Modern, Post-War and Contemporary Art, Decorative Arts, Jewellery and Fine Wine

Live Virtual Auction, 8 - 11 November 2020

Modern, Post-War and Contemporary Art Part II
  • Dame Elisabeth Jean Frink; Man Running I
  • Dame Elisabeth Jean Frink; Man Running I


Lot Estimate
ZAR 350 000 - 500 000

About this Item

British 1930-1993
Man Running I

signed and numbered 7/8

bronze, mounted on a wooden base
height: 37,5cm excluding wooden base; base: 4cm; width: 20cm; depth; 29cm

Notes

While the defining characteristic of the Amadlozi Group had been a dedication to a bold if admittedly diverse African aesthetic, from the mid-1960s a greater international influence on the work of these artists became evident. Villa, of course, already steeped in European modernism, was little affected, as was Skotnes who, in his role as teacher at Polly Street, had always kept an eye on international trends; Kumalo and Legae, however, were perhaps more receptive to new sources, particularly as their careers advanced and they became more sensitive to collectors’ tastes.

A shift came in 1965 as the Grosvenor Gallery, the prestigious Mayfair landmark run by the American Eric Estorick, showed increasing interest in Egon Guenther’s stable of contemporary sculptors. He would have known the work of Villa, Skotnes and Kumalo in particular, as each had, in the decade prior, regularly shown at the Venice and São Paulo Biennales. Estorick, accompanied by his then assistant Linda Goodman, famously visited Guenther in 1964 and 1965 to negotiate the possibility of cross-gallery partnerships. This led that year to Kumalo participating in the Grosvenor Gallery’s Fifty Years of Sculpture exhibition, as well as a Skotnes–Kumalo show in London the following year.

Back in Johannesburg, Goodman, still acting as an agent for Estorick, opened her eponymous gallery in Hyde Park in 1966. She exerted a greater influence from the late 1960s and into the 1970s as Guenther began to withdraw from dealing, and in time her gallery became the new epicentre of the wider ex- Amadlozi circle. Villa had major solo shows at Goodman in 1970, 1971 and 1973; Kumalo showed there in 1972, 1975, 1977 and 1979; Skotnes in 1975, 1976 and 1977; while the gallery hosted Legae’s important Chicken Series in 1978. Linda Goodman’s international experience and her strong links to Estorick allowed her to handle examples by the likes of Picasso, Braque and Miró, and exhibit major British modernists such as David Hockney, Henry Moore, Kenneth Armitage and Lynn Chadwick. The latter three became a strong influence on Kumalo and Legae, as did Reg Butler and Elisabeth Frink (lot 859), and other British sculptors from the so-called ‘Geometry of Fear’ group (see pages 94–95). Even if an African spirit remained inherent in their sculptures, Kumalo’s head was certainly turned by Moore’s voluptuous, organic and undulating forms, while Legae was clearly taken by the flattened and semi-abstract figures created by Butler, Frink, Armitage and Chadwick, with their thorn-like limbs, planar bodies, and ingotsmooth features. Legae’s fabulous African Goat and She Goat (lot 863), late-career highlights, each borrow Chadwick’s spiky, attenuated appendages (lot 862), as well as the gentle humour reminiscent of some of Armitage’s work (lot 861).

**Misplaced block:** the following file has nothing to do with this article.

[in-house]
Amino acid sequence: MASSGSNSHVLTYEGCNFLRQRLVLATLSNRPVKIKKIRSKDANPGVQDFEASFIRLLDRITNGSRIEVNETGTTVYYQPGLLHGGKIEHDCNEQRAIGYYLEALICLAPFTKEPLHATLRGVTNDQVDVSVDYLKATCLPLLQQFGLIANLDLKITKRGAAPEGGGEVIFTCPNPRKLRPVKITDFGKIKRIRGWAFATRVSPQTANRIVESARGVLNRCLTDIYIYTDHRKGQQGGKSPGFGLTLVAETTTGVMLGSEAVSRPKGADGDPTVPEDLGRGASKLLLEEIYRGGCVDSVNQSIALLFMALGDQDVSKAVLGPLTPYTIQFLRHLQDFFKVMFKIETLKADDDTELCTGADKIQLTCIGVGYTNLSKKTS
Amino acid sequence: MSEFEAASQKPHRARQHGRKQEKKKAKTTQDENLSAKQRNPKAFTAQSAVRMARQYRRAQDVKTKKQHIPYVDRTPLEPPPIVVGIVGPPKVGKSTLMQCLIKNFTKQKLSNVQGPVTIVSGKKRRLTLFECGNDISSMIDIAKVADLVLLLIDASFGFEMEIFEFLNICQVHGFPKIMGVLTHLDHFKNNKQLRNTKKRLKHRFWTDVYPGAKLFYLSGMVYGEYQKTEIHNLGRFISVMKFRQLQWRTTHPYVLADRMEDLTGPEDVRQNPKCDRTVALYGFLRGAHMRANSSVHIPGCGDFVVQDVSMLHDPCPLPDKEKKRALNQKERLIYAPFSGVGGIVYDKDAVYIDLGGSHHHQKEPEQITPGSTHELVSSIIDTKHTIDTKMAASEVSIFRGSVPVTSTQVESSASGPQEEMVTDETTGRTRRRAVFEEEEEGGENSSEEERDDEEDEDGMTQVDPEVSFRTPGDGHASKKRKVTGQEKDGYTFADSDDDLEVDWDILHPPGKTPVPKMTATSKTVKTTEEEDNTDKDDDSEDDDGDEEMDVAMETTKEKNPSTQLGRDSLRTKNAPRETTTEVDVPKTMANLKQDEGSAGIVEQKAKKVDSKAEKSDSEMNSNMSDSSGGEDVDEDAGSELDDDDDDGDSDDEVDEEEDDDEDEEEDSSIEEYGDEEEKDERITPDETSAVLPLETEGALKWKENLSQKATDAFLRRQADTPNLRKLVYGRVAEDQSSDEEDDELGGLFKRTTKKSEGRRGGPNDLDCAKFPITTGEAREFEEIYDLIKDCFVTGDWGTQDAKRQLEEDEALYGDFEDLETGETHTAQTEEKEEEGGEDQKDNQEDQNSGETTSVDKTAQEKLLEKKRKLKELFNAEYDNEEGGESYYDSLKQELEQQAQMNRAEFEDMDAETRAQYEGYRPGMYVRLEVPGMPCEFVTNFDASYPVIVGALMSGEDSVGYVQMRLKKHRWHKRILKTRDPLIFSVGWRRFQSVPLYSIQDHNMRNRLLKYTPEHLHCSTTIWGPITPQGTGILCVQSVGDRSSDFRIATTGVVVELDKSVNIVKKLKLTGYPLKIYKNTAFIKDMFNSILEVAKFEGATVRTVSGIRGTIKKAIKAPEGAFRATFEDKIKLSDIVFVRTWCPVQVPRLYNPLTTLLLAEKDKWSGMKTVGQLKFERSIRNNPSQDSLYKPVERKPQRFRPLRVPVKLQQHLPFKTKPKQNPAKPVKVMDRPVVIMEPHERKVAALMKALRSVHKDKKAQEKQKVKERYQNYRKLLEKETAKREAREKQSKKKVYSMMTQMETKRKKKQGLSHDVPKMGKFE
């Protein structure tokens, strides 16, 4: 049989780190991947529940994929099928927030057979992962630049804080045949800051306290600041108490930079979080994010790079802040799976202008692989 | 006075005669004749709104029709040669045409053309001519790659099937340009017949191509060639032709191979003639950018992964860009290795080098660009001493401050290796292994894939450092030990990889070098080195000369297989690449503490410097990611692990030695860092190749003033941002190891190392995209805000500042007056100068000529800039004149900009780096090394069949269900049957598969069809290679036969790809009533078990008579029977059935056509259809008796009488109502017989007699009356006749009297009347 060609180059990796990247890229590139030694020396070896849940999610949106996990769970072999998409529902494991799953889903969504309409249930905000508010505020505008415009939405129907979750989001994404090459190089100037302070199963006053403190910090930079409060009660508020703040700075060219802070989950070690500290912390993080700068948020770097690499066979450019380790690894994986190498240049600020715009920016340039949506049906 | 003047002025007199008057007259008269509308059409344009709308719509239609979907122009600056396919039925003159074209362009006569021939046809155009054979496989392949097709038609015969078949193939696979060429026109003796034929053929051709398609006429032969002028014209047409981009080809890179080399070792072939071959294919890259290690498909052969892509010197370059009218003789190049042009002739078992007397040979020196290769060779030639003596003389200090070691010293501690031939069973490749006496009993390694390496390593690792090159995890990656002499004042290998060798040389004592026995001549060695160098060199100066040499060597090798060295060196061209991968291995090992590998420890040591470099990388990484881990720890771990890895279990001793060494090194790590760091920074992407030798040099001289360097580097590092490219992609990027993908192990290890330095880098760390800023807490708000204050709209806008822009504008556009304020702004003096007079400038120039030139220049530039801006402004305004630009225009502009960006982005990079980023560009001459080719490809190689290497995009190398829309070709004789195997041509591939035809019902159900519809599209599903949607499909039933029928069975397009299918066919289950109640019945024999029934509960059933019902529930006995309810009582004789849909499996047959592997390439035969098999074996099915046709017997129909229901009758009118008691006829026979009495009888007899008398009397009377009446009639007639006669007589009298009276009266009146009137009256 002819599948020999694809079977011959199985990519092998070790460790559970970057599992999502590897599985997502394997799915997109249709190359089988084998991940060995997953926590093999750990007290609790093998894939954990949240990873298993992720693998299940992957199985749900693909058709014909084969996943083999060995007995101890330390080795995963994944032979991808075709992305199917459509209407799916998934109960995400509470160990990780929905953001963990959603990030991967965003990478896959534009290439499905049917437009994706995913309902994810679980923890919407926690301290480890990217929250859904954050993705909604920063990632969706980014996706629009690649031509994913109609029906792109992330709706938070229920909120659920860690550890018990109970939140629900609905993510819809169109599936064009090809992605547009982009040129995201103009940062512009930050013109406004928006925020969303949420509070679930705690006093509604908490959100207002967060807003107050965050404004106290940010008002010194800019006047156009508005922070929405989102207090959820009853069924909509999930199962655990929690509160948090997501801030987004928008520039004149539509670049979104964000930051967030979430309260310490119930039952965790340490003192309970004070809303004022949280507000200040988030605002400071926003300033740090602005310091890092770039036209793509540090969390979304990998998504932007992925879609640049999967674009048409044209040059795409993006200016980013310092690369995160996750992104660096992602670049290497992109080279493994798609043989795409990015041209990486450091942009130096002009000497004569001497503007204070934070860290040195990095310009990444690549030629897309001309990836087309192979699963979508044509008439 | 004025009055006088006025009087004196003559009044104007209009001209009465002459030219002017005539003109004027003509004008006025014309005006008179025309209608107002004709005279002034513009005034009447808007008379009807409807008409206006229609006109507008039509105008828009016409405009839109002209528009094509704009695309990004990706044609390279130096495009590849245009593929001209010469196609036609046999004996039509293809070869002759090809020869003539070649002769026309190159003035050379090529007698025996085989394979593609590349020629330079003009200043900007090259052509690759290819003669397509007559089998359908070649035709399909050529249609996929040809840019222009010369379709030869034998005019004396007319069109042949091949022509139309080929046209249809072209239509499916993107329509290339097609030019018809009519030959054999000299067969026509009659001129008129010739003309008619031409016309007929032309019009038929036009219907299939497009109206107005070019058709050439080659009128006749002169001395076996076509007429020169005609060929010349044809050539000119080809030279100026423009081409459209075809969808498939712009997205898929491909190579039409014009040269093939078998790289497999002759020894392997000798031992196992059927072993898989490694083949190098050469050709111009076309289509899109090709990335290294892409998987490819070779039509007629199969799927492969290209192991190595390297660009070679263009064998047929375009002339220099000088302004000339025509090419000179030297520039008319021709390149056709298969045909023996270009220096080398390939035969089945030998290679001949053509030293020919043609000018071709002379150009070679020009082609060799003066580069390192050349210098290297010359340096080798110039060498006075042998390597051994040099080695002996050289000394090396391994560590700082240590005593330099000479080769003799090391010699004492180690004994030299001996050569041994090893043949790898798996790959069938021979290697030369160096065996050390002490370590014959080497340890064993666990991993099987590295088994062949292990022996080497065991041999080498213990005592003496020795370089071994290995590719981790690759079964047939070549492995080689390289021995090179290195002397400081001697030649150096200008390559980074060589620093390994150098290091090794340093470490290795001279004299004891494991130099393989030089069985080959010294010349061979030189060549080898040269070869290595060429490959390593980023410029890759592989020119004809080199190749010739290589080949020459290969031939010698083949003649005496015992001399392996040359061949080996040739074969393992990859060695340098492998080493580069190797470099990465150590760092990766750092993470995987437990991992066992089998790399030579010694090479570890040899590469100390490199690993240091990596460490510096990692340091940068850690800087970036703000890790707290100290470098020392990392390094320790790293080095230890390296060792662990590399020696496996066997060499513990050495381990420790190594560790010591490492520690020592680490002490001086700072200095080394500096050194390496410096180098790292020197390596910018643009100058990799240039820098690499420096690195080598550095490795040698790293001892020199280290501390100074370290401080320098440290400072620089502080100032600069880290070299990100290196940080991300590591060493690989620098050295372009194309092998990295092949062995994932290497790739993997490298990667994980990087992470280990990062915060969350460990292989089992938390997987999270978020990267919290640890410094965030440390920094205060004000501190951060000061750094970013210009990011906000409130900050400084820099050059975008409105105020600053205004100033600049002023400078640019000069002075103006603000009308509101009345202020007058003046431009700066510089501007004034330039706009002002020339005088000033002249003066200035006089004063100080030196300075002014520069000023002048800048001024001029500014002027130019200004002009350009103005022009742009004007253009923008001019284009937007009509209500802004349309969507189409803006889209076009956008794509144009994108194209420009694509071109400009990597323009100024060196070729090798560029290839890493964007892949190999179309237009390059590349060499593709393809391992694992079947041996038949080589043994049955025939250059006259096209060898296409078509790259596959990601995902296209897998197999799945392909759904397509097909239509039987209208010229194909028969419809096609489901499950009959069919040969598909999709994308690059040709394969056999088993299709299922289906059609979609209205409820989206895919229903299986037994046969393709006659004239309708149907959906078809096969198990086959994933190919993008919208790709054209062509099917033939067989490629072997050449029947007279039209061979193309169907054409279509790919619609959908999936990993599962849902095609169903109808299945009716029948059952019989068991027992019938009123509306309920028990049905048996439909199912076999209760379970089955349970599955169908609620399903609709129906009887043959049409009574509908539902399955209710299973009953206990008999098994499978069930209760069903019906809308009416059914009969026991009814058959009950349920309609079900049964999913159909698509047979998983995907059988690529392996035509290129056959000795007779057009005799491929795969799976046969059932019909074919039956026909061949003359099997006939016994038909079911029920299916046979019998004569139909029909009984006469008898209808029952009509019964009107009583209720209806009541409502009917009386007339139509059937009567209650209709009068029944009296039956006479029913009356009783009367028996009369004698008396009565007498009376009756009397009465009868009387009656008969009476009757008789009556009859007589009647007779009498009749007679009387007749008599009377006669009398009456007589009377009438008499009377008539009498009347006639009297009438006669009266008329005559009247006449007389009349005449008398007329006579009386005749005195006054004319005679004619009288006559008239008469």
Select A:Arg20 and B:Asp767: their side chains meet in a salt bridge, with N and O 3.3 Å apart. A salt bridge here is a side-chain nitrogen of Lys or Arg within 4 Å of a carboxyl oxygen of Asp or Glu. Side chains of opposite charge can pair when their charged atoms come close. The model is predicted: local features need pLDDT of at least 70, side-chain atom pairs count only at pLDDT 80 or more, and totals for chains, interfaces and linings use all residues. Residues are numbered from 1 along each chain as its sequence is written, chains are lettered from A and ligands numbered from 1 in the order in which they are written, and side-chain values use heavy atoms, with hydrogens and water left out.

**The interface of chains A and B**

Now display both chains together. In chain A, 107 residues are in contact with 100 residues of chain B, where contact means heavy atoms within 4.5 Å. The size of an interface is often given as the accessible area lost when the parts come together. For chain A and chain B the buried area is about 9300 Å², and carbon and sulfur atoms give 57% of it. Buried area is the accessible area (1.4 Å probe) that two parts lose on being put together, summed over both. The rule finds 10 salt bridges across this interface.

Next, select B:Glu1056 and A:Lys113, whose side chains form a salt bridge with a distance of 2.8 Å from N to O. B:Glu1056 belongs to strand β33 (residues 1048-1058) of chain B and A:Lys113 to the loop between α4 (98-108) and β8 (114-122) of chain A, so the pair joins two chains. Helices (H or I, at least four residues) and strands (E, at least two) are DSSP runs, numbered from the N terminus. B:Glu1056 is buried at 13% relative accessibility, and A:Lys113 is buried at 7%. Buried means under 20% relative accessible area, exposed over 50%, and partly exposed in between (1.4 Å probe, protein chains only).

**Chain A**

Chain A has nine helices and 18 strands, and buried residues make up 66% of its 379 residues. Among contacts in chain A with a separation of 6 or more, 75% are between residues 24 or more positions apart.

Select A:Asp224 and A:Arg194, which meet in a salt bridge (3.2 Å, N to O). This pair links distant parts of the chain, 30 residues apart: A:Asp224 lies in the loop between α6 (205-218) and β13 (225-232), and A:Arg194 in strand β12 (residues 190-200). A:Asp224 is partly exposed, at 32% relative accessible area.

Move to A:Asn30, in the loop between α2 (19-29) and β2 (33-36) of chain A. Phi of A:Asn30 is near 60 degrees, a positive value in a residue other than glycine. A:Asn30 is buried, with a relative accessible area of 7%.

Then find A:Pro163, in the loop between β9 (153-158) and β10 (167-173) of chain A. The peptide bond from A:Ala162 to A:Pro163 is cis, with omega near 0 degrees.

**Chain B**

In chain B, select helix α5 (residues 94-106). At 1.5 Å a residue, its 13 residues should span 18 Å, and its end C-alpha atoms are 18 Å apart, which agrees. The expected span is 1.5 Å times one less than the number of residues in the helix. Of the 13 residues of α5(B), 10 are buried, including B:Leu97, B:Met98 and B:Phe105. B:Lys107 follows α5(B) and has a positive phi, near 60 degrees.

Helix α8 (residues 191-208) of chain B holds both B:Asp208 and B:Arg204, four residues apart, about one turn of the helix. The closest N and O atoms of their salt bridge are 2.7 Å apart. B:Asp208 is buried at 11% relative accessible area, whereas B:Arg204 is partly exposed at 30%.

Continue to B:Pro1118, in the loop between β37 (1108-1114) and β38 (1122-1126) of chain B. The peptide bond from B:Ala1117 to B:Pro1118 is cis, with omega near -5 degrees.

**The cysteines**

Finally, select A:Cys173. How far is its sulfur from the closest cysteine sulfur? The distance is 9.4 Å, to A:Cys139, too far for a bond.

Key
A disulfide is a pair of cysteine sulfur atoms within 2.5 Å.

Literature

Jill Wilder (ed) (1984) Elisabeth Frink Sculpture, Catalogue Raisonné, London: Harpvale, catalogue number 223, another example from this edition illustrated in black and white on pages 184 and185. 

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